ORIGIN AND SYMBOLS OF THE LEAP YEAR

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Every four years another day appears in our lives and with it a leap year occurs in our calendar, giving February 29 days. For many, this event has a sinister character, for others it is just another day that the universe gives us. But surely, like many of us you also wondered why there is a leap year?

Well, the answer is in the past. Inspired by the observation of the lunar phases, the Babylonians and the Sumerians ancient peoples created the first calendar, being able, then, to compute the time. However, this calendar was inaccurate, since the lunar cycles did not coincide with the solar cycle. This because the first ones had a duration of 29.5 days between each new moon, that when divided in 12 lunar months a year it amounted to 354 days. While the solar cycles lasted 365.256 days.

This situation led to several civilizations to try correcting the difference, adding days and even months each year, being the Egyptian calendar one of the most approximate to have 365 days. But it would be the emperor Julius Caesar in 49 B.C., who knowing of the time gap of the Roman calendar and based on the Egyptian calendar, asked the astronomer Sosigenes of Alexandria to design a more accurate calendar that was worth the greatness of the Roman Empire.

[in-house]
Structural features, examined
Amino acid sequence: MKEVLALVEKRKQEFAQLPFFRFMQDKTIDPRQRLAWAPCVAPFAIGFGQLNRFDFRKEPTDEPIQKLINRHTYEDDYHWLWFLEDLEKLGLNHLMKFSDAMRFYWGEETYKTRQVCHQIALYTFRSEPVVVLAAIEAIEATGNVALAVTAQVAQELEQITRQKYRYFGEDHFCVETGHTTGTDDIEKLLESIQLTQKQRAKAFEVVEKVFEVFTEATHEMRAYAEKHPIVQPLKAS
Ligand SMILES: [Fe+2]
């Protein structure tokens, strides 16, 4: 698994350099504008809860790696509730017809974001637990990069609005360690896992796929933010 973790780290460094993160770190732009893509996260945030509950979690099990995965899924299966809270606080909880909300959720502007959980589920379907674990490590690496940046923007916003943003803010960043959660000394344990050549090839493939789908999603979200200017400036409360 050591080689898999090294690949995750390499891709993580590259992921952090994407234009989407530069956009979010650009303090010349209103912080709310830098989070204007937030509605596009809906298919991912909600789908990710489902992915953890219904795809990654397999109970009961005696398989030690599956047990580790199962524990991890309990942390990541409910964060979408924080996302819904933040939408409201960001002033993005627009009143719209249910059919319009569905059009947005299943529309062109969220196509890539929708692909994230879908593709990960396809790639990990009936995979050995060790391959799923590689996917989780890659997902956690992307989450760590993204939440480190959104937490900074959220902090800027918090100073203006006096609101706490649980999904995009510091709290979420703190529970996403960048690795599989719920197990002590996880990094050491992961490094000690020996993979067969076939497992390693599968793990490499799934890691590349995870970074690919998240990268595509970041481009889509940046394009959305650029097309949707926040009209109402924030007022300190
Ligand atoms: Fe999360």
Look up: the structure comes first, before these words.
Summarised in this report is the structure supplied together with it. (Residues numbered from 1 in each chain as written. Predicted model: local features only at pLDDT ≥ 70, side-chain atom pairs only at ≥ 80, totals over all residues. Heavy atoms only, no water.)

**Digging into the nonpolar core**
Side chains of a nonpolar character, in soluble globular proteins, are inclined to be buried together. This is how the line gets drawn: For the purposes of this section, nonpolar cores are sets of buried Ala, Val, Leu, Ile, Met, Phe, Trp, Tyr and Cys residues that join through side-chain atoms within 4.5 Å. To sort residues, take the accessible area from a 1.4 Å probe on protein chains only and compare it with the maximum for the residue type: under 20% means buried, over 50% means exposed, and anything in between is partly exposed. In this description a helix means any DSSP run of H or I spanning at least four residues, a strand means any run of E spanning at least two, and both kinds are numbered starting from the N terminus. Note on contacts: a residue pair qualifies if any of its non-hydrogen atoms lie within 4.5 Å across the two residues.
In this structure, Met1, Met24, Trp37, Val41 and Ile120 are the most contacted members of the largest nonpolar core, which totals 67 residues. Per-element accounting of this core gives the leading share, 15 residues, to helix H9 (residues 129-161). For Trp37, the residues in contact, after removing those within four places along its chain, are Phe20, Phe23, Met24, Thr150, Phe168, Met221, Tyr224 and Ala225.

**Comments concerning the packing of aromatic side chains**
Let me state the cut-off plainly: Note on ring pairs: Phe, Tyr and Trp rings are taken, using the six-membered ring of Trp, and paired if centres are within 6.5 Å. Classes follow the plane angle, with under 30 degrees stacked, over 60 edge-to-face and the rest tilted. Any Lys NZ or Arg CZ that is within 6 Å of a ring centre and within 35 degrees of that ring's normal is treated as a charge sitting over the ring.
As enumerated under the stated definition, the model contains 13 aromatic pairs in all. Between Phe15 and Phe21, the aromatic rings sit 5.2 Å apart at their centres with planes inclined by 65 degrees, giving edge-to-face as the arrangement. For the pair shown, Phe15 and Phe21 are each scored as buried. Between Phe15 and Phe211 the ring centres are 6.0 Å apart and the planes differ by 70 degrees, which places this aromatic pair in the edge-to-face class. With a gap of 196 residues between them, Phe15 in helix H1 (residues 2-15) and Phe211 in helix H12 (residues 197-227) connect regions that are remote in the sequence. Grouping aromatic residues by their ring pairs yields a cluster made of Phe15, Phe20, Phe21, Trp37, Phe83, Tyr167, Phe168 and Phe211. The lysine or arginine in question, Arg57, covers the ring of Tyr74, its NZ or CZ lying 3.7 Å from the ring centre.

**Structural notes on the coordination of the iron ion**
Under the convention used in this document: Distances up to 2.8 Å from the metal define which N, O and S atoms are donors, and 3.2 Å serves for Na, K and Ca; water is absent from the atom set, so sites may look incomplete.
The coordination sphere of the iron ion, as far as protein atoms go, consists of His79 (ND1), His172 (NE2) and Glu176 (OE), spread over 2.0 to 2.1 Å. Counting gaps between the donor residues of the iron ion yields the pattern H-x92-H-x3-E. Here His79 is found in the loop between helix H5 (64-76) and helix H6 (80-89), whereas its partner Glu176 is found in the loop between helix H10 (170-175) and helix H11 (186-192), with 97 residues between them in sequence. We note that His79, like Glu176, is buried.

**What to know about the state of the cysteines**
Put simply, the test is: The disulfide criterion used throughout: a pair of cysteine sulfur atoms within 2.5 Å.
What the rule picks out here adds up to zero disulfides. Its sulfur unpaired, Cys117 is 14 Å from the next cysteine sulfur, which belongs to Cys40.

Sosigenes fulfilled his mission, giving a calendar of 365 days, which would have an extra day every four years to compensate the natural delay of 1/4 a day per year that was not counted. This calendar would keep the names of each of the Roman months and the month of februarius would be the chosen one to add the extra day that would be put between the 23rd and 24th of February. To refer to that day the term used in Latin was “bis sextus dies ante calendas Martias” the sixth day or two before the first day of March. So the year containing this extra day was renamed bissextile year, or leap year.

However, despite the supposed adjustment the Julian calendar had, it was produced a year, a delay of 11.25 minutes, which until 1582 accumulated 10 days. An error that would be corrected on October 15th of that same year by Pope Gregory XIII, who promulgated the papal bull inter gravissimas creating with it the Gregorian calendar used until today.

The birth of the leap year, added to the sinister conception the Romans had about February, generated since then, a tradition in which they attributed certain calamities, which combined with the occurrence of some tragic events in history helped to keep this belief alive.

However, according to the astrologer Patricia Kesselman, being multiples of four, leap years are under the influence of that number that symbolizes abundance, freedom, optimism and growth. So we will be able to enjoy its influence whenever we have positive thoughts and leave preconceptions aside.